M.A. (American Studies), Georgetown
M.A. (National Security Studies), Naval War College
Ph.D. (History), Georgetown
Professor Packard’s areas of scholarly interest are U.S. military history, Marine Corps and naval history, the Vietnam War, civil-military relations, defense reform, and military innovation.
Professor Packard has presented his research at the American Historical Association Annual Meeting, the Society for Historians of American Foreign Relations Annual Meeting, the Society for Military History Annual Meeting, on C-SPAN, and before various other groups both domestically and internationally. In 2015, Professor Packard was awarded the Society for Military History’s First Manuscript Prize for his research on the Marine Corps’ post-Vietnam reform program. He is currently working with UNC Press to prepare the manuscript for publication.
Professor Packard is a member of the U.S. Marine Corps Reserve and a currently serving as a field historian for the U.S. Marine Corps Historical Division, Quantico, Virginia.
The recipient of academic fellowships with Georgetown University, the Marine Corps Heritage Foundation, and the U.S. Naval Academy, Professor Packard currently serves on the editorial board for the International Journal of Naval History as the Assistant Editor for Amphibious Warfare.
Professor Packard has taught previously at Georgetown University, the U.S. Naval Academy, and the U.S. Naval War College. He is a member of the Society for Military History.
Major Awards and Decorations
Coffman Prize (2015)
General Lemuel C. Shepherd, Jr. Fellowship (2010)
Bronze Star (2008)
The Marine Corps’ Long March: Modernizing the Nation’s Expeditionary Forces in the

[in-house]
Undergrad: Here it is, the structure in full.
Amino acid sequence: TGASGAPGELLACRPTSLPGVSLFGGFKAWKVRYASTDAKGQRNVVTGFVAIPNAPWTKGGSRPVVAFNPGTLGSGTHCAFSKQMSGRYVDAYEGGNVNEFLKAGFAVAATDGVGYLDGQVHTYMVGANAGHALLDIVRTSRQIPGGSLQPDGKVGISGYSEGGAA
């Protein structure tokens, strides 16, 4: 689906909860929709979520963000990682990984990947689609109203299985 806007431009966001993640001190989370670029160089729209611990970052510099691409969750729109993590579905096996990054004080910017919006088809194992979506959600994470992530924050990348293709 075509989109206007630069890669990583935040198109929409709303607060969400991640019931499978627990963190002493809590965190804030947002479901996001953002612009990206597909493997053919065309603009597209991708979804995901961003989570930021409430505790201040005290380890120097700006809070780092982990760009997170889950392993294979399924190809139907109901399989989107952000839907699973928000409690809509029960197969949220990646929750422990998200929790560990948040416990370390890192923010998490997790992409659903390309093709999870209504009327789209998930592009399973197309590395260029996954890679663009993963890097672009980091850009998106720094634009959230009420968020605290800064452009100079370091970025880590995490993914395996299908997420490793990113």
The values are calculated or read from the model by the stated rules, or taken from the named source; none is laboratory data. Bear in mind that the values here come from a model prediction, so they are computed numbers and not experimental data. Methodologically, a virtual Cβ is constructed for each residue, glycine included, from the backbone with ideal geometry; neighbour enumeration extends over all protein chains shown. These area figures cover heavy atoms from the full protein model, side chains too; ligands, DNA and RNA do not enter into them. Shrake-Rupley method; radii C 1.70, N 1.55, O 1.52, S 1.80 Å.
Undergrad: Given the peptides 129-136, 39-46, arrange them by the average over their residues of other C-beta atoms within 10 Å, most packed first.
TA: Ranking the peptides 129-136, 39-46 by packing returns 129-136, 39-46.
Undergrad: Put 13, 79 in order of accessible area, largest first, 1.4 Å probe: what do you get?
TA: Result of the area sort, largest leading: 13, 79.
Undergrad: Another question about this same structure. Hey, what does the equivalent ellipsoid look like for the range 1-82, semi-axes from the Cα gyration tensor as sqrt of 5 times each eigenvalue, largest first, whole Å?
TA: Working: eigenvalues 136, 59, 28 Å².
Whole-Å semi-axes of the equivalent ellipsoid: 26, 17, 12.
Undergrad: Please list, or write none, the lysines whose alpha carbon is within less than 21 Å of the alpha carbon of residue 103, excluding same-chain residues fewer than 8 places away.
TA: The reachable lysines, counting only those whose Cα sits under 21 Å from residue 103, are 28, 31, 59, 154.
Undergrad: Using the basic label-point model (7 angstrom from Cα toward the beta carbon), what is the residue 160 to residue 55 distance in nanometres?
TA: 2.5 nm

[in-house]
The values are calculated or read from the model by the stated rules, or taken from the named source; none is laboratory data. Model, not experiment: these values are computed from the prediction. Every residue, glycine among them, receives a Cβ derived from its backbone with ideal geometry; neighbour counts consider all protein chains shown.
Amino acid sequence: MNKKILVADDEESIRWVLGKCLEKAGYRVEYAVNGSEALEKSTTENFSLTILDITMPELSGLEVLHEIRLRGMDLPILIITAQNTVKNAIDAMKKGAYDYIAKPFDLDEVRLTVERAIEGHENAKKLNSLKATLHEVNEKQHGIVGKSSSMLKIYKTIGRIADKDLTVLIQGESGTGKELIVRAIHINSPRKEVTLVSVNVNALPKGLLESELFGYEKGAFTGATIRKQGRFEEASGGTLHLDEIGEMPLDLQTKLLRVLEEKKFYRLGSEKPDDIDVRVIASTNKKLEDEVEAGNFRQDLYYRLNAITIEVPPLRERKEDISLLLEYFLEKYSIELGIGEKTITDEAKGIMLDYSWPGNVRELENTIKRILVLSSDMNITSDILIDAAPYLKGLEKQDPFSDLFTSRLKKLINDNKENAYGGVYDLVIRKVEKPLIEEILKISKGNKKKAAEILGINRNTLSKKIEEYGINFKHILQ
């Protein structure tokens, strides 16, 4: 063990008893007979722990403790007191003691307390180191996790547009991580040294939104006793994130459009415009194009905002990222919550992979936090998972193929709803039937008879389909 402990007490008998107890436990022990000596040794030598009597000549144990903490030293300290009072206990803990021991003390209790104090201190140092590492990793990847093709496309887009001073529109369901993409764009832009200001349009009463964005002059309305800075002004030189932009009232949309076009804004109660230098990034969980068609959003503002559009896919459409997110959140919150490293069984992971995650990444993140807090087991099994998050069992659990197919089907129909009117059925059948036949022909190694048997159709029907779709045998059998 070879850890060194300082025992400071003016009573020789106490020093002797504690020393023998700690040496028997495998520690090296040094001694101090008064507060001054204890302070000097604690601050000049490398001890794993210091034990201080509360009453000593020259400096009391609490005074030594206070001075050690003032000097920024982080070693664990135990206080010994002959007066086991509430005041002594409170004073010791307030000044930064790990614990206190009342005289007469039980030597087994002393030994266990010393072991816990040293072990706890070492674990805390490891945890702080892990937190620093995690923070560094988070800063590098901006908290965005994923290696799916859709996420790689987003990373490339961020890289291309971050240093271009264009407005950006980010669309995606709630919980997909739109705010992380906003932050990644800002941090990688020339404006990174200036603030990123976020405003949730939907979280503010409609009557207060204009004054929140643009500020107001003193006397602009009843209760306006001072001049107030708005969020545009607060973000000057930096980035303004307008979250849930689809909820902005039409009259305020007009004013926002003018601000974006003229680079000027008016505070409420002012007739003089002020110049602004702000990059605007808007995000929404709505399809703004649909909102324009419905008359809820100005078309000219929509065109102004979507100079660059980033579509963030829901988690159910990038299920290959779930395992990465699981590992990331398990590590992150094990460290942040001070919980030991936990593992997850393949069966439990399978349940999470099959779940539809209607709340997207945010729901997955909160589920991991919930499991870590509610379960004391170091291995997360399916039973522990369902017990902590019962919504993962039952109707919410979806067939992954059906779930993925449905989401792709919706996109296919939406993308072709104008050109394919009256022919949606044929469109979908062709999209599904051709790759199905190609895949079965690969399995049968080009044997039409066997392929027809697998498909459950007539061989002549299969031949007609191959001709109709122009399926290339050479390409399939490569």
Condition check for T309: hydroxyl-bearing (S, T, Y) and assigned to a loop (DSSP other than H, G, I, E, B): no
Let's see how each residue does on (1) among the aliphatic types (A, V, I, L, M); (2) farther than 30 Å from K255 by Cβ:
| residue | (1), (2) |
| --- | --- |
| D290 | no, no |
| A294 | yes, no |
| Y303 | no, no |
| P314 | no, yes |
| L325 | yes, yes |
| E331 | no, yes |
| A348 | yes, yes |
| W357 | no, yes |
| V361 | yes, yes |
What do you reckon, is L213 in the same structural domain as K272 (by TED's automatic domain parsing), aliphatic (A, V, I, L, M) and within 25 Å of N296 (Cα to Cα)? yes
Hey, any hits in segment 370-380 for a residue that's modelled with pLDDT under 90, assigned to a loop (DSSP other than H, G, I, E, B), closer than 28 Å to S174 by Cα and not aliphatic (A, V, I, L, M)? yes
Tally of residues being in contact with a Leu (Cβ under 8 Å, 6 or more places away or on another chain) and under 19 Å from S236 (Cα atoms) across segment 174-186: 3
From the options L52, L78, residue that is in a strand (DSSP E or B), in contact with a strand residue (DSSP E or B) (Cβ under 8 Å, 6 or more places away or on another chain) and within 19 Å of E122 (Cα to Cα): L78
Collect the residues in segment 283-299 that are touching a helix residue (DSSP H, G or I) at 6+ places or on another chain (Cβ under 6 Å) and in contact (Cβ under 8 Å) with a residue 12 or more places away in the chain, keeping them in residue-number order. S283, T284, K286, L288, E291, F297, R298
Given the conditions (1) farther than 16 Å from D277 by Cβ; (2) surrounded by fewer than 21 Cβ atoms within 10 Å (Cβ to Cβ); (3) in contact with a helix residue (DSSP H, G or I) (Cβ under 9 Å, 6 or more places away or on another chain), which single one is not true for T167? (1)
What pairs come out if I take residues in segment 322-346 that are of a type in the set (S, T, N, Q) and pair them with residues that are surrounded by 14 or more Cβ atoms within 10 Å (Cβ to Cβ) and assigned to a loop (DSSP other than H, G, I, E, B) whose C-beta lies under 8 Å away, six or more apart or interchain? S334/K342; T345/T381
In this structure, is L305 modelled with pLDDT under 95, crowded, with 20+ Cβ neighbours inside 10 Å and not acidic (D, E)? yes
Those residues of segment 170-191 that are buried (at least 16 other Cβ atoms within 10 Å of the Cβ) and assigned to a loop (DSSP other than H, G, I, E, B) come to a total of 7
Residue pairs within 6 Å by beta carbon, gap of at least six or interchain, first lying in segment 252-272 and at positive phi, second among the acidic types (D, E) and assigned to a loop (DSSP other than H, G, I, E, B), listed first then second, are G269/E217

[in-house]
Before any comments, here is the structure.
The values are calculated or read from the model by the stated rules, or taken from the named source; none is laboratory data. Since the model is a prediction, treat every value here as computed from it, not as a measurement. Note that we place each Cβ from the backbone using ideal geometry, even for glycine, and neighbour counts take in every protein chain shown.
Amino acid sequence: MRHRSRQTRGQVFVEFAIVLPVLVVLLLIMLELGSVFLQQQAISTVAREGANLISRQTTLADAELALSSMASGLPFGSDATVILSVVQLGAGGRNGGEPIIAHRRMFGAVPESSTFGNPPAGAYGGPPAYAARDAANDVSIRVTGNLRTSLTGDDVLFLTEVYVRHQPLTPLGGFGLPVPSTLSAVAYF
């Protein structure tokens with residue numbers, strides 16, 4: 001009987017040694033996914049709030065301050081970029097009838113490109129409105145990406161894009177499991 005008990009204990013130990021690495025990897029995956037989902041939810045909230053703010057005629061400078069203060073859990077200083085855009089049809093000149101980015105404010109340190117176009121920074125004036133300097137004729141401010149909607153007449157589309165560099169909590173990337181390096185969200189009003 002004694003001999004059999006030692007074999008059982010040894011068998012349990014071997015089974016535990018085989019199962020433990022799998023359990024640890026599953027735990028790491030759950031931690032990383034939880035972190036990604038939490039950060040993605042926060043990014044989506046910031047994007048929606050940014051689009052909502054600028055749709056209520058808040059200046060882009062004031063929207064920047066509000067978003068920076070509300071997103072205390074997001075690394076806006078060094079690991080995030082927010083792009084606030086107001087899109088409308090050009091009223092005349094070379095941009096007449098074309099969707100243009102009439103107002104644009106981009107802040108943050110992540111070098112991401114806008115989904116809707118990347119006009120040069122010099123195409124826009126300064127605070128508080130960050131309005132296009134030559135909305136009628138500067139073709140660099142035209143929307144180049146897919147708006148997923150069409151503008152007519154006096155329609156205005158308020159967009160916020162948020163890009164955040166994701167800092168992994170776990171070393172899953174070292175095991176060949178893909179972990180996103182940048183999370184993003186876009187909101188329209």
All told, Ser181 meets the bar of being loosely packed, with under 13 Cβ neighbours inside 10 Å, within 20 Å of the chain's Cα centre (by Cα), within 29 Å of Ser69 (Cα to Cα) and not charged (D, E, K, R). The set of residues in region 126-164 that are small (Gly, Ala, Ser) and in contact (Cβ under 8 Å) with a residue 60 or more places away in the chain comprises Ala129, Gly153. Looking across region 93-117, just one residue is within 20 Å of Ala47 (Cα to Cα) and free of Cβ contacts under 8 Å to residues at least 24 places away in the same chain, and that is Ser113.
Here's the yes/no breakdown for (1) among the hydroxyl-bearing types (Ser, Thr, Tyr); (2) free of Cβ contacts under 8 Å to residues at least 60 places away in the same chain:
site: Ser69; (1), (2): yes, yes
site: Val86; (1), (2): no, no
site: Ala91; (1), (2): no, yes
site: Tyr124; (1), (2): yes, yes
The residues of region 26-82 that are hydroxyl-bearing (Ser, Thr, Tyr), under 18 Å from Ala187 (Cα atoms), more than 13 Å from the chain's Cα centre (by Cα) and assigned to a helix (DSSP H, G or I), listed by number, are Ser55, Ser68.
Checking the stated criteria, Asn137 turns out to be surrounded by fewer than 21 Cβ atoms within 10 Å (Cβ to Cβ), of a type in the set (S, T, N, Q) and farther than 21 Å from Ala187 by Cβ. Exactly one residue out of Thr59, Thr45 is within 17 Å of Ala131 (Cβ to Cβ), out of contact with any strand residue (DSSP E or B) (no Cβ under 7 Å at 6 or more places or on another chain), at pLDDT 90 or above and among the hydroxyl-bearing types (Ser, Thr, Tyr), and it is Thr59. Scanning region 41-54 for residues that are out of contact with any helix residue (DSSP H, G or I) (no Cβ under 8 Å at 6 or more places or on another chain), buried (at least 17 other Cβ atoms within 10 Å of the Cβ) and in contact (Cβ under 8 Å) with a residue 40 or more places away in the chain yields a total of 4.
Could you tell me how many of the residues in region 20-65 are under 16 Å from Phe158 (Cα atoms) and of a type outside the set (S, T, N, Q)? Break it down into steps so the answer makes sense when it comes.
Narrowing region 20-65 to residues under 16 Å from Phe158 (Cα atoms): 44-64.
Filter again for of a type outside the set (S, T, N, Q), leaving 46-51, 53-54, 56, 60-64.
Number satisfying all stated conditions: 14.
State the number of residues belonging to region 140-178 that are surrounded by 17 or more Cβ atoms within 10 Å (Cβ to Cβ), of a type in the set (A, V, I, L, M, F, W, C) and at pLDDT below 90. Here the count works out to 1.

Aftermath of Vietnam, 1970-1991, UNC Press (forthcoming)
“Repairing the Wreckage of Vietnam: The Marine Corps’ Great Personnel Campaign, 1975-
1978,” Proceedings of the 2013 McMullen Naval History Symposium, Naval Institute Press (forthcoming)
“Congress and the Marine Corps in Historical Perspective,” Marine Corps University Journal (forthcoming)
“Equipping the Marine Corps for the 21st Century, 1975-1990,” in The Means to Kill, McFarland
“Giving Teeth to the Carter Doctrine: The Marine Corps Makes the Case for its Strategic
Relevance, 1977-1981,” International Journal of Naval History (July 2015)
Articles on Guy Gabaldon, Pierre Ortiz, Frank Petersen, and Jay Vargas in ABC-CLIO
Encyclopedia on Ethnic and Racial Minorities in the U.S. Military (2013)
Review of Fire and Forget: Short Stories from the Long War, Michigan War Studies
Review of Kaboom: Embracing the Suck in a Savage Little War, Michigan War Studies
“One Man’s Example,” Marine Corps Gazette (December 2008)
“My Lai Remembered,” Writing Across the Curriculum III (2006)